In my desperate attempt to avoid the cliché that is “person-sitting-in-coffeehouse-working-on-laptop”, I opted for a slightly different food and drink outlet to write in: a bar. Not very imaginative or dissimilar to a coffee shop, you may think. And you’d be right. But this bar caught my attention for a very specific reason: it was a celebration of all things communism.
Its walls were adorned with communist iconography; posters of Lenin and Mao, images of Fidel Castro draped in Cuban flags. Even Stalin’s picture made an appearance on the front of the bar. The décor was also rather peculiar, with the bar itself made entirely out of wooden pallets, and camouflage netting suspended from the ceiling acting as a room divider. Sandbags and oil drums were also placed at varying spots on the floor to finish off the pseudo-revolutionary feel.
As I ordered my drink and took a seat, I became increasingly uncomfortable with the fact that there in front of me were pictures of the most vile human rights abusers, collectively responsible for the suffering, misery and death of many millions (granted, Stalin and Mao are in a league of their own in this regard). And yet, the members of staff and fellow patrons never batted an eye. The food menu, too, read like a list of crass jokes: “The Mad Mao” and “The Totalitarian”. What next? Goulag Goulash? Pol Hot Pot?
This whole experience provoked a serious question: given the great suffering communism has inflicted, why does admiration for this totalitarian ideology frequently go unchallenged?
These attitudes are in no way restricted to South London taverns, either. Communists and their apologists are found throughout society. Only recently, and to many people’s bemusement, Shadow Chancellor of the Exchequer John McDonnell read from Chairman Mao’s Little Red Book in parliament in an effort to goad the then Chancellor of the Exchequer and Conservative MP George Osborne. To be clear, that’s a British MP, belonging to a major British political party, deeming it acceptable to read from a book authored by a man responsible for the deaths of at least 40 million people. Despite McDonnell receiving criticism for his actions, Labour MP for Hackney North and Stoke Newington Diane Abbott sprang to his defence, stating: “I suppose, on balance, Mao did more good than harm.” McDonnell responded to his critics, claiming it was ‘just a joke’ – a rather unsatisfactory retort.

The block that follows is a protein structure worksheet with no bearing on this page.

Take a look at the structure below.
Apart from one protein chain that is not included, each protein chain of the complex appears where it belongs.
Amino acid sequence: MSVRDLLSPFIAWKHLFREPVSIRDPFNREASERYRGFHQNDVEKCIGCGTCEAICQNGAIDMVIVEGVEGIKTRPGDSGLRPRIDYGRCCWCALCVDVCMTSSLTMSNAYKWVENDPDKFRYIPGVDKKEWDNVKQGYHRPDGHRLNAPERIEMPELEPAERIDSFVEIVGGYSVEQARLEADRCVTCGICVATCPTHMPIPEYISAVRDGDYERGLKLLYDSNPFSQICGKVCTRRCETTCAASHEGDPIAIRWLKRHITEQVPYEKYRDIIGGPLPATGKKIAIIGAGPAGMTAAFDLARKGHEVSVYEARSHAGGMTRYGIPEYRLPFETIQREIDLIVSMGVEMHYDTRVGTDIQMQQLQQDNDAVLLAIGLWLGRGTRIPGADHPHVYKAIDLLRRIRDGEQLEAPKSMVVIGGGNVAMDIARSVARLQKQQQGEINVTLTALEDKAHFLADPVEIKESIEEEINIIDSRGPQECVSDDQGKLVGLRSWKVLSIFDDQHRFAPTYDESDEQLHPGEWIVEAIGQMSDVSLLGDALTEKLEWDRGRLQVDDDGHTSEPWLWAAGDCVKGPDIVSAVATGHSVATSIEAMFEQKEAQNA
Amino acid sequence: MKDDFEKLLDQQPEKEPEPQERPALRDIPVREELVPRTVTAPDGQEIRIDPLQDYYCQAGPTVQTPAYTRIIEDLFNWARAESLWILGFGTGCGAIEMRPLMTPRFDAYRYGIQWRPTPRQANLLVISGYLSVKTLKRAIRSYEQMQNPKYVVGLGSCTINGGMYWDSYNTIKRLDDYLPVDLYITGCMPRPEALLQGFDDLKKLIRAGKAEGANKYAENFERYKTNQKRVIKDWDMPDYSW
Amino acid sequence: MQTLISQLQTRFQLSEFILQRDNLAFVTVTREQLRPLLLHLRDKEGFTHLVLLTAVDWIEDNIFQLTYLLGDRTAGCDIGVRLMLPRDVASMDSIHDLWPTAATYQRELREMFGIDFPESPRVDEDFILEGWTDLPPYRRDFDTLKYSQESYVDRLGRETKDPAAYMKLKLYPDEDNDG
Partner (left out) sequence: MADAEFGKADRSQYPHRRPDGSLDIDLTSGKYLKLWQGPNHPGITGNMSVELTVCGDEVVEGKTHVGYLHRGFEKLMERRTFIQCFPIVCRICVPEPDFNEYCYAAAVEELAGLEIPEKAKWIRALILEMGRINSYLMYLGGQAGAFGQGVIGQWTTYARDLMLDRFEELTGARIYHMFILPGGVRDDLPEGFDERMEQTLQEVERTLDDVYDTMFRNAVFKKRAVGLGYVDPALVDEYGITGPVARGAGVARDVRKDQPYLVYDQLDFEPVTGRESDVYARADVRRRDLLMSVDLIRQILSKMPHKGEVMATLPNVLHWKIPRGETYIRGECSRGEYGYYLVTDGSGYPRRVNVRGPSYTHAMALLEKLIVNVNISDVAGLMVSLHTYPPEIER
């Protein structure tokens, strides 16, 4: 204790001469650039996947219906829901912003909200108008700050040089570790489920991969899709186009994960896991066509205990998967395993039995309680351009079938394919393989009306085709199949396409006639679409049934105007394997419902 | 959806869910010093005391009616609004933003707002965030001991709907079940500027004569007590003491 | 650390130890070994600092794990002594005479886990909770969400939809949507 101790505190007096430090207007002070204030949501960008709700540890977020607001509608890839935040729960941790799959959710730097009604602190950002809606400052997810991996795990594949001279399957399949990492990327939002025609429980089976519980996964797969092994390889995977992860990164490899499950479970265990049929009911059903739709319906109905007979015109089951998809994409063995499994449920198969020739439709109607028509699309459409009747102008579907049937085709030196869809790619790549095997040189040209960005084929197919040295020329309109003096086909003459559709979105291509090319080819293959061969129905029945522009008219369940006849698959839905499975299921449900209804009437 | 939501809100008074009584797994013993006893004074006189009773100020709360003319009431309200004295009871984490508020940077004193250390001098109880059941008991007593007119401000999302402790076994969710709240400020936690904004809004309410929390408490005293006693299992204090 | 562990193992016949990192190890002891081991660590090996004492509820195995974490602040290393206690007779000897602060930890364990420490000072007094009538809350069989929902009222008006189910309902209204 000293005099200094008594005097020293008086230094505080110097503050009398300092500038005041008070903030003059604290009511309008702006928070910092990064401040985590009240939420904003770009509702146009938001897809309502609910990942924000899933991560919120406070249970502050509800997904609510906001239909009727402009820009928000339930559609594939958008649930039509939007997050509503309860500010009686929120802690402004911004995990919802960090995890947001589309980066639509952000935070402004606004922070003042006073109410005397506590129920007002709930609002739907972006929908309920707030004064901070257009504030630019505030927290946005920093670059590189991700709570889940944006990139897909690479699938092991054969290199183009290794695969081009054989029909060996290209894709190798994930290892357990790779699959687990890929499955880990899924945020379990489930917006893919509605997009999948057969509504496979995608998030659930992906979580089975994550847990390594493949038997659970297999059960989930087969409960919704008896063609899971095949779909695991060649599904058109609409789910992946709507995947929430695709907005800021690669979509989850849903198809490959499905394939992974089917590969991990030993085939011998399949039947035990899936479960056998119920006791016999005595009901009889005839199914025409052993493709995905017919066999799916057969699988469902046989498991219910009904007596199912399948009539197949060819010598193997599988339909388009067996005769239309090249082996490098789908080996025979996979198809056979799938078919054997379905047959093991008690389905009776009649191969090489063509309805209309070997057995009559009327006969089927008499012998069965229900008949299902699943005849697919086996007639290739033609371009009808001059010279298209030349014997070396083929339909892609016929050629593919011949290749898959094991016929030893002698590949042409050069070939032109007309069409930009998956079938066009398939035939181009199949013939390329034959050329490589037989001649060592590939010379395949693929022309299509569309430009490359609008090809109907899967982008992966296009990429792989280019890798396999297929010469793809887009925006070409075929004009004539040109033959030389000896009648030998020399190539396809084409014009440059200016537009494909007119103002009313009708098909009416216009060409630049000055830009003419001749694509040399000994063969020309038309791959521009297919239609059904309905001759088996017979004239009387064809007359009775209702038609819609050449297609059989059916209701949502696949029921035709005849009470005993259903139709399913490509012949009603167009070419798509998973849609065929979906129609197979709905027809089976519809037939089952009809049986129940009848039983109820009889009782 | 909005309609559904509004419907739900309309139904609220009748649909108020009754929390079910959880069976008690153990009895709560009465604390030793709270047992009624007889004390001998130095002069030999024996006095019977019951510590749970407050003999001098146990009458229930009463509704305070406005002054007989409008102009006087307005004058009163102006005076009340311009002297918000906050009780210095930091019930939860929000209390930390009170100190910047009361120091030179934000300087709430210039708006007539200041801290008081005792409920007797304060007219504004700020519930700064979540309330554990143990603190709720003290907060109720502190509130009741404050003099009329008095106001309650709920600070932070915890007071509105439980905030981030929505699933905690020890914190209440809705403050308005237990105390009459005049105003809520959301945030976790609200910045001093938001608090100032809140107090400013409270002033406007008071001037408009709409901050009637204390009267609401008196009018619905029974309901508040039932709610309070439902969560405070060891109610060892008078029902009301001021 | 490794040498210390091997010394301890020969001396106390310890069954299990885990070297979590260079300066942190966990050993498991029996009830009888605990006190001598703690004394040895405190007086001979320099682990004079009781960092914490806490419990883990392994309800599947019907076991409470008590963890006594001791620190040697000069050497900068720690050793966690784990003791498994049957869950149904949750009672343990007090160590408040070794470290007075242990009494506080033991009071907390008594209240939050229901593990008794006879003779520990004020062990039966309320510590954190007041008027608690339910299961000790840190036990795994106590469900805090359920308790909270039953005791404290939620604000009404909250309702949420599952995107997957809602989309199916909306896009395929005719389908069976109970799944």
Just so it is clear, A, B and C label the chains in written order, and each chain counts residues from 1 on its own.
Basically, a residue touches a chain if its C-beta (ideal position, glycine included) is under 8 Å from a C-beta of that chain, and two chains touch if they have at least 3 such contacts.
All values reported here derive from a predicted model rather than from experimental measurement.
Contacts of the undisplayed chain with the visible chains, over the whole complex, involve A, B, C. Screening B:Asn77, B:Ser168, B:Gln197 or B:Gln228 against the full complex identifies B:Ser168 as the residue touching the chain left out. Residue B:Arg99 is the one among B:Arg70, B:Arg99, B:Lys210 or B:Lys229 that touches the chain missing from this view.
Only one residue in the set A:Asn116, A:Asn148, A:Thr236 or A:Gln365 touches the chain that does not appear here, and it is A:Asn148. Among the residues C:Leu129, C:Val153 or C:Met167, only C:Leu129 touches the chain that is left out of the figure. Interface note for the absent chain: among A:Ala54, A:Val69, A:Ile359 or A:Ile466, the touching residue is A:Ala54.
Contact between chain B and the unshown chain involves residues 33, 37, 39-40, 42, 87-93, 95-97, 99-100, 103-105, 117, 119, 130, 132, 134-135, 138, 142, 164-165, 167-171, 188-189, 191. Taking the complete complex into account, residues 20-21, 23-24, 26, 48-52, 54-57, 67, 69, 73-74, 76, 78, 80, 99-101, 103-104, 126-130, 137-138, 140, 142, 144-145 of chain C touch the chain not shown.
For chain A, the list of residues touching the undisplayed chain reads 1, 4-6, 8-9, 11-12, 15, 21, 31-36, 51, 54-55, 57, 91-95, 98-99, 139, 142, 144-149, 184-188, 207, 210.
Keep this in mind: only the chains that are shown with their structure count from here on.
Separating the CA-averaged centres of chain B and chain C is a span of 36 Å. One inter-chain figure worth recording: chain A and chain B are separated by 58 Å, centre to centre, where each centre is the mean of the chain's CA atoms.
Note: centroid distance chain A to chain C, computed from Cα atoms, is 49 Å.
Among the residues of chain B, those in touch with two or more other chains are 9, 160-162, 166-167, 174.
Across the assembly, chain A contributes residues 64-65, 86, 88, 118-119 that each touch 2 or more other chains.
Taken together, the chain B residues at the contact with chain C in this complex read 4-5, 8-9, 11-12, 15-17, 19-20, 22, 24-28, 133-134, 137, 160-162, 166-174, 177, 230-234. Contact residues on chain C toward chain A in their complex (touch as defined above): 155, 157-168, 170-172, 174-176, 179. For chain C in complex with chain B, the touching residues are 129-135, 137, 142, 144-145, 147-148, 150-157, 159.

Other political areas such as the May Day trade union parades have also come under fire in their failings to deal with the Stalinist and Maoist banners that still feature in the march. One must wonder as to how onlookers would have reacted if Nazi or fascist emblems had instead been flown. I suspect passing liberal-leftists would have, quite correctly, openly expressed their disgust and contempt at the rally’s participants, with arrests being made shortly after. But this didn’t happen, so why the double standard?
These same hypocrisies seep into other spheres too, with music and the arts being particularly blind to the ideology’s ills. LA rock band Rage Against The Machine, who performed at many anti-Nazi and anti-fascist events, frequently sported the red star, hammer and sickle, and other symbols synonymous with communism. Speaking as a huge fan of the band, I was always mildly confused as to how a music group could directly quote George Orwell’s 1984, a polemic against Stalinist totalitarianism, all the while decorating their equipment and clothes with Soviet iconography. Cognitive dissonance at its very finest.
Communism, like other totalitarian ideologies, is troublesome because it treats people as infinitely malleable lumps of putty. But, as any cognitive scientist will tell you, this isn’t how the mind works. As the great Steven Pinker puts it, we aren’t ‘blank slates’ that can be forever shaped and moulded. And it is for this reason that so many perished at the hands of these dogmatic ideologues.
So why, then, is communism let off the hook? Why in contemporary culture are communist leaders not despised in the way fascist or Nazi leaders rightfully are? There doesn’t appear to be a simple answer. Clearly the overall death count of these regimes isn’t a deciding factor in peoples’ minds, particularly as the communist dictators’ body count is far larger than any Nazi or fascist government. The great WWII historian Roger Moorhouse suspects Nazi Germany is thought of in a more negative light due to the putrid, pseudoscientific side to the killings carried out by the Nazis. Furthermore, even in its Nazi guise, Germany was a fundamentally civilized and educated society, adding to the shock when such an advanced country slid into dictatorship and genocide. Others, such as renowned entomologist E. O. Wilson, said of Marxism: “Wonderful theory. Wrong species.” My guess is no one would ever say this about the repulsive ideological underpinnings of Nazism.
Personally, I suspect that to many people communism represents an anti-establishment and rebellious ideal. Can you imagine Rik Mayall portraying a comedic Nazi version of his poetry-writing, anarchic character in The Young Ones? Me neither. But while to some communism remains a symbol of rebellion or nonconformity, this doesn’t make up for the masses of bodies it has left in its wake. It’s time to cease the flirtations with this totalitarian ideology. The double standard must end.